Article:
"I dare say, now, the Major would make you give thirty, or five-and-thirty pounds for that horse," observed Sir Moses, after another good stare.

"Far more!" replied Billy, gaily, who was rather proud of having given a hundred guineas.

"Far more!" exclaimed Sir Moses with energy; "far more! Ah!" added he, with a significant shake of the head, "he's an excellent man, the Major-an excellent man,-but a leetle too keen in the matter of horses."

Just at this critical moment Tommy Heslop of Hawthorndean, who had been holding back in Crow-Tree Lane to let the hounds pass, now emerged from his halting-place with a "Good morning, Sir Moses, here's a fine hunting morning?"

"Good morning, Tommy, good morning," replied Sir Moses, extending his right hand; for Tommy was a five-and-twenty pounder besides giving a cover, and of course was deserving of every encouragement.

The salute over, Sir Moses then introduced our friend Billy,-"Mr. Pringle, a Featherbedfordshire gentleman, Mr. Heslop," which immediately excited Tommy's curiosity-not to say jealousy-for the "Billet" was very "contagious," for several of the Peer's men, who always brought their best horses, and did as much mischief as they could, and after ever so good a run, declared it was nothing to talk of. Tommy thought Billy's horse would not take much cutting down, whatever the rider might do. Indeed, the good steed looked anything but formidable, showing that a bad stable, though "only for one night," may have a considerable effect upon a horse. His coat was dull and henfeathered; his eye was watery, and after several premonitory sneezes, he at length mastered a cough. Even Billy thought he felt rather less of a horse under him than he liked. Still he didn't think much of a cough. "Only a slight cold," as a young lady says when she wants to go to a ball.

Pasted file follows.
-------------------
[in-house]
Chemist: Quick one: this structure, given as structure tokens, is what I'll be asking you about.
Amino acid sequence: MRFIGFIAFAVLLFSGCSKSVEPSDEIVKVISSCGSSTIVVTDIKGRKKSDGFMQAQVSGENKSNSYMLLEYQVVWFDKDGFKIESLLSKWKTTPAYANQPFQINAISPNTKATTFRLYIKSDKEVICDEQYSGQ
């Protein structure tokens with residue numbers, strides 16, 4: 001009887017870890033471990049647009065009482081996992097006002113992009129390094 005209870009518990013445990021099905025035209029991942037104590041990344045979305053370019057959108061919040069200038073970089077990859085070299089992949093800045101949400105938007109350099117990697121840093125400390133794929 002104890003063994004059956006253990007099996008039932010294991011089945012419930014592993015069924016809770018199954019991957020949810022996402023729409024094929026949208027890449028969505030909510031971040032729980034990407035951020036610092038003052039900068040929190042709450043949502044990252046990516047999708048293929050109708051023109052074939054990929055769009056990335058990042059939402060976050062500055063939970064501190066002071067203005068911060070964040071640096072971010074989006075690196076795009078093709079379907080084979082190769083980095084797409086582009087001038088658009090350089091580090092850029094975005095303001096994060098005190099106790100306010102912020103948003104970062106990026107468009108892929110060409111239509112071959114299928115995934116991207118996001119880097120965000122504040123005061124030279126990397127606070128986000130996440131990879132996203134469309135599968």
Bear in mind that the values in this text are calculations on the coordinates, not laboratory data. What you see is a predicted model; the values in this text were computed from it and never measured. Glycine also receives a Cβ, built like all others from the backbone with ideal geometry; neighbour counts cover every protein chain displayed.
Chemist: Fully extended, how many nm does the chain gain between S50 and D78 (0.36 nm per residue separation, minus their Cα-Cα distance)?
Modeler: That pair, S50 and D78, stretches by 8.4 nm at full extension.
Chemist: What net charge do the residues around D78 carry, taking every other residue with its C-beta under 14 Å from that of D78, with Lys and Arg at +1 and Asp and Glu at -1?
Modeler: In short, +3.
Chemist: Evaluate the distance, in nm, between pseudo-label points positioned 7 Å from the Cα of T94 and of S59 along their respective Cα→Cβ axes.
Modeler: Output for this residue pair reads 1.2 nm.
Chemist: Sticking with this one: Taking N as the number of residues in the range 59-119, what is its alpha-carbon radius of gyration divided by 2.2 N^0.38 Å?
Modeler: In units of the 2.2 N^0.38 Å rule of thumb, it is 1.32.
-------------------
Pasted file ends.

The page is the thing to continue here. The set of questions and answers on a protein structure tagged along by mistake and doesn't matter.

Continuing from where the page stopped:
Three horsemen in front, two black coats and a red, and two reds joining the turnpike from the Witch berry road, increased the cavalcade and exercised Sir Moses' ingenuity in appropriating backs and boots and horses. "That's Simon Smith," said he to himself, eyeing a pair of desperately black tops dangling below a very plumb-coloured, long-backed, short-lapped jacket. "Ah I and Tristram Wood," added he, now recognising his companion. He then drew gradually upon them and returned their salutes with an extended wave of the hand that didn't look at all like money. Sir Moses then commenced speculating on the foremost group. There was Peter Linch and Charley Drew; but who was the fellow in black? He couldn't make out.